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Cleaning Little Feet

If I then, your Lord and Teacher, have washed your feet, you also ought to wash one another’s feet. For I have given you an example that you also should do just as I have done to you.  John 13:14 ESV

cleaning little feetMy mama's cleaning little feet reminds me to serve others.

“Linda, Wanda. Come inside, girls. Time to get cleaned up for bed,” Mama called from the porch.

“But, Mama, we already had our bath,” I whined.

“Yes, but you went back outside to play afterward. What if something happens during the night, and we must rush out of the house? I don’t want my girls running out with dirty feet. What would the neighbors think?”

The sweet, clean scent of Ivory soap takes me back to thoughts of Mama and those warm summer evenings. At ages six and four, Wanda and I seldom wore shoes. Living in the country, we loved to run with bare feet. But at bedtime, Mama insisted we have clean feet.

I stood on the commode lid in our small half bath next to our bedroom, putting one foot at a time into the warm, sudsy water Mama had prepared in the sink. I watched her hands as she gently turned the Ivory soap over in the washcloth until it had enough soap to suit her. She took each foot in her hand and washed up to my knee. Next, Mama lifted Wanda onto the commode lid and repeated the process.

By this time, our eyes were heavy. Finally, Mama helped us into our pretty pajamas and tucked us into bed with a prayer and a kiss.

My mama’s love showed a servant’s heart. I’m sure she was tired at the end of her day—and we could have gone to bed with dirty little feet—but that was not what our mama wanted for her newly adopted little girls. We were God’s gift. She treasured her time with us, even at bedtime.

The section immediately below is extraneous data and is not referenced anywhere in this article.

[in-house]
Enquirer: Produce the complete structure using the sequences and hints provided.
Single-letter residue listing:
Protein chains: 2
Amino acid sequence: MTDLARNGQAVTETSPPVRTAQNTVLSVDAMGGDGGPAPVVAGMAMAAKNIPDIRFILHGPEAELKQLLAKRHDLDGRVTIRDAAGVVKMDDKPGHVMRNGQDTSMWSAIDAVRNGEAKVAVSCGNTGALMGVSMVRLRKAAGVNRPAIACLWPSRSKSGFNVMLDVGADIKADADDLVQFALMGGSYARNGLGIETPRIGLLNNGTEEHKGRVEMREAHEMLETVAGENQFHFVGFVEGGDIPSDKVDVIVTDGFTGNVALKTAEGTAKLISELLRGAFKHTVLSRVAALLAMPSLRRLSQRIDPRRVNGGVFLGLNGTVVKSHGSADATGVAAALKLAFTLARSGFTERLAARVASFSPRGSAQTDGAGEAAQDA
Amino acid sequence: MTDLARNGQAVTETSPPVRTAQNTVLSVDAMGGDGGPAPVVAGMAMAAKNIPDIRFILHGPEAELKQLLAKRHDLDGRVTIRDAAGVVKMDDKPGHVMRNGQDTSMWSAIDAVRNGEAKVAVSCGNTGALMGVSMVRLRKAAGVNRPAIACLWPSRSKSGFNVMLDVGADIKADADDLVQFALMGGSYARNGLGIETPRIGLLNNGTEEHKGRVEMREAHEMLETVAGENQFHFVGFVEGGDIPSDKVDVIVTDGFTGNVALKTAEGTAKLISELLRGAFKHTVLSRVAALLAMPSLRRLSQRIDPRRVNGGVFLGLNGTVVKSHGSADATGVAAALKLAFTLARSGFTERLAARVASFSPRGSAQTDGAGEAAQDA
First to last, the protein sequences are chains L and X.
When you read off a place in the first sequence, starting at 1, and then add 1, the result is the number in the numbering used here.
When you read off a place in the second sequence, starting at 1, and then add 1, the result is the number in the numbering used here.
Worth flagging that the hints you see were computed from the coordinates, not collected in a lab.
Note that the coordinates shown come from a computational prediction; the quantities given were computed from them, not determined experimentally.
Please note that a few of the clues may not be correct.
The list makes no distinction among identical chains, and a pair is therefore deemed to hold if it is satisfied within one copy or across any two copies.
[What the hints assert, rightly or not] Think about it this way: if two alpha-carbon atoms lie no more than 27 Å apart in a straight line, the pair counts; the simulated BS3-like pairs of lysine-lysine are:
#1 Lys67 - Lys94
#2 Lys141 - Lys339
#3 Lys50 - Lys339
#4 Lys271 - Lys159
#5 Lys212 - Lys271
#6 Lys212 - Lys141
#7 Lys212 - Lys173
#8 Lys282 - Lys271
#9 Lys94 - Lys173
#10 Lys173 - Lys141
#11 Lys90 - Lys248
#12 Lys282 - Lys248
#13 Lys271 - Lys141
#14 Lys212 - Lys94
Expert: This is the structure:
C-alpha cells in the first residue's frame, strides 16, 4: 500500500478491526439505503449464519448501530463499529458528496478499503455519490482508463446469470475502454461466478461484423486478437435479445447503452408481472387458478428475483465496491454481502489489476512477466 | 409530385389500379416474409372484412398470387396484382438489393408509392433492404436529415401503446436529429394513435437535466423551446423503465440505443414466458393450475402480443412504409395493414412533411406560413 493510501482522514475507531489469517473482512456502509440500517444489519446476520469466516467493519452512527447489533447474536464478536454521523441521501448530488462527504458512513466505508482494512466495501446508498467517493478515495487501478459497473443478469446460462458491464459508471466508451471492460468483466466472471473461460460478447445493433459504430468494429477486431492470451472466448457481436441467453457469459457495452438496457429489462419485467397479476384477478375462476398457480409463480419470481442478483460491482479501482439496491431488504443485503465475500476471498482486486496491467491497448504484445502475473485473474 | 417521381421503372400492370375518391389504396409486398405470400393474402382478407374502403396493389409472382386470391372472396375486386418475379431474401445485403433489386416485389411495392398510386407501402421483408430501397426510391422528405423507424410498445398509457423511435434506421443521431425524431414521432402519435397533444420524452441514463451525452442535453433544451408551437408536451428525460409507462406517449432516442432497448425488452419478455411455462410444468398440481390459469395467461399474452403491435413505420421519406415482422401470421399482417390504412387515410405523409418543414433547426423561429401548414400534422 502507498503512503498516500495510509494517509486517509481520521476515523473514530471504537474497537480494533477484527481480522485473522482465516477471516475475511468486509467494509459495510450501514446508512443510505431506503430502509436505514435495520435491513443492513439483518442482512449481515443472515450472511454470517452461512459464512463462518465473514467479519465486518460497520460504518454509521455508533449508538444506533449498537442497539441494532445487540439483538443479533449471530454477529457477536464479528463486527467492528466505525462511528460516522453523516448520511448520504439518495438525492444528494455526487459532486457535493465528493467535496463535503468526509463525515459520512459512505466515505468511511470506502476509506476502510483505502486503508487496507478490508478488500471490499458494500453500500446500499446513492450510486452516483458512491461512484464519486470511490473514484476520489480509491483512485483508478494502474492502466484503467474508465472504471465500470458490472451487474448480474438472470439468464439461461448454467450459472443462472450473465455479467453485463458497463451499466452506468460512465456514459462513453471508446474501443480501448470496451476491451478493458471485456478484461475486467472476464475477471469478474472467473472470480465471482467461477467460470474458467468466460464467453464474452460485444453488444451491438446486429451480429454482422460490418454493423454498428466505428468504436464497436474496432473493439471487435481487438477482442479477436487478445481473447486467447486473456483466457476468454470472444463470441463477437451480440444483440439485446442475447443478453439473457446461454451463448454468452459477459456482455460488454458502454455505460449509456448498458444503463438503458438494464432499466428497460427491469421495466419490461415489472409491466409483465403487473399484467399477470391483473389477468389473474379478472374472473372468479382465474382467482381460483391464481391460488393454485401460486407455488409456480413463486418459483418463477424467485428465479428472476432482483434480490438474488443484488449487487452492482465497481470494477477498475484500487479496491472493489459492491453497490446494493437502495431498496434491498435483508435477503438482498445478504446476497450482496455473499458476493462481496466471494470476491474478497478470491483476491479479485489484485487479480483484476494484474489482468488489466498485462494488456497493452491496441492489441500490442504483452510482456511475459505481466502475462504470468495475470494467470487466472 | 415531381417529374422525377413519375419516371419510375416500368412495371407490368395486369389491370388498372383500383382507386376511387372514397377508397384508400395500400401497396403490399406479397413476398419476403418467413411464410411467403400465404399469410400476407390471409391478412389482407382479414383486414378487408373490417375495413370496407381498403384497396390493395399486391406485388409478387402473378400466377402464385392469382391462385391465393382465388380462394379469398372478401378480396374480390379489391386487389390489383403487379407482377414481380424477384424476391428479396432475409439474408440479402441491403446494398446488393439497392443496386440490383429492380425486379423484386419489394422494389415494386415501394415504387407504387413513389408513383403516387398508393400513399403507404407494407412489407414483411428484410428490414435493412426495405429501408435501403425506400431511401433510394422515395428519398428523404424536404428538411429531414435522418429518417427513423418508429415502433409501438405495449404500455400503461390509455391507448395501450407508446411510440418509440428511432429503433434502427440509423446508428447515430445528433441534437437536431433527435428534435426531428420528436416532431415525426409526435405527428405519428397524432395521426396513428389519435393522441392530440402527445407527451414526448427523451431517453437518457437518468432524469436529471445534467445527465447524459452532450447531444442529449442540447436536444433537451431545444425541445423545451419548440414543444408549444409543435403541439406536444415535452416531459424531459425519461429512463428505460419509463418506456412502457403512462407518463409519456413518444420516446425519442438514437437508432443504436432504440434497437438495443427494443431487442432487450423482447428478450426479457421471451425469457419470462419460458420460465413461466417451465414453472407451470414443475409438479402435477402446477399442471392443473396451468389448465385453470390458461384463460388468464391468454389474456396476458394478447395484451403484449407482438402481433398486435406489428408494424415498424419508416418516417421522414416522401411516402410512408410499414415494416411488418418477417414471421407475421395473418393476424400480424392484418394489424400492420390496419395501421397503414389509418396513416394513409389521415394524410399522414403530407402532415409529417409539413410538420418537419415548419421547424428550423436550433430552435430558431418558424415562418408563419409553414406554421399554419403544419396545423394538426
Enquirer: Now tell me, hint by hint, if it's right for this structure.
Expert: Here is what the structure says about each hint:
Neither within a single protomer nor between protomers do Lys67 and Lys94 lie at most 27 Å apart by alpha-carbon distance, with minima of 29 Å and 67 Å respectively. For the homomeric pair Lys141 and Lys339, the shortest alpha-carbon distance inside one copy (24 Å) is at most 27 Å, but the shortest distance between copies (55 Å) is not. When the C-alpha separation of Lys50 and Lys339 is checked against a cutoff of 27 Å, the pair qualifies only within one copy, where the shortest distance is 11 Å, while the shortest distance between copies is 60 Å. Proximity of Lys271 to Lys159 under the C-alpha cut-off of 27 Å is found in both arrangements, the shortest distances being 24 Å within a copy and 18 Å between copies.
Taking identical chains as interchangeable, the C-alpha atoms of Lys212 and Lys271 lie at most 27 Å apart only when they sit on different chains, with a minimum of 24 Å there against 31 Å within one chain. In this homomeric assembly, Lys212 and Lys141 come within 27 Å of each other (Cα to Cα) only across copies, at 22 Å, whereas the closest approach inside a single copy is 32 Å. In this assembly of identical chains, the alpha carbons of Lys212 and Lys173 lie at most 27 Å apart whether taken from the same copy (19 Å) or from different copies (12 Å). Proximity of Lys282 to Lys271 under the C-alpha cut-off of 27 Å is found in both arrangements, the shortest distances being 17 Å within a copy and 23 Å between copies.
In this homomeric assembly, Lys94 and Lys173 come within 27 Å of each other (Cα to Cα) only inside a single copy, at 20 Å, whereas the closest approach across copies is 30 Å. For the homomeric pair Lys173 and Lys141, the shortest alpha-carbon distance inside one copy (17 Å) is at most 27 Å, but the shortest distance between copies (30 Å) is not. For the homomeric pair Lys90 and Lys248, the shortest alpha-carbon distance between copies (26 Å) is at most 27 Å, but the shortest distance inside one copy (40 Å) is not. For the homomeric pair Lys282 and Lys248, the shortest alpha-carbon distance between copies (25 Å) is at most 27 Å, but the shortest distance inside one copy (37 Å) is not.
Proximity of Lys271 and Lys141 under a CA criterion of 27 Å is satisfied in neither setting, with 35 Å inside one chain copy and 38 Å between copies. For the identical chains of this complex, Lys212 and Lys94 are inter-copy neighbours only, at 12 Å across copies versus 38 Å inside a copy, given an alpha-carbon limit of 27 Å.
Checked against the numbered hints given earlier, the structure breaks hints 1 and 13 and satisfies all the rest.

We didn’t realize it then, but Mama taught us how to love God, to make prayer time an essential part of our lives, and to know we could trust God for our future. Mama’s servant heart reflected Christ and has always reminded me of Jesus washing the disciples’ feet. That one simple act has moved me to love and serve others.

Having a servant’s heart means helping others in love and not expecting anything in return.

What legacy are you leaving for your children and grandchildren?  

(Photo courtesy of pixabay.)

(For more devotions, visit Christian Devotions.)

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Linda Summerford

Linda Summerford is an alumni of Coker University in Hartsville, SC, where she majored in English. She served on a foster care review board for several years where she realized the urgent need for foster care and adoption reforms. Linda also works with her husband in the ministry of Next Generation Impact, working with churches to rebuild their congregations. Linda’s book, The Glider, is based on a true story and is currently being considered for publication by a number of Christian publishers. Linda and her husband, Richard, have two daughters and five grandchildren. They live in the mountains of western North Carolina. You can connect with Linda at www.authorlindasummerford.com.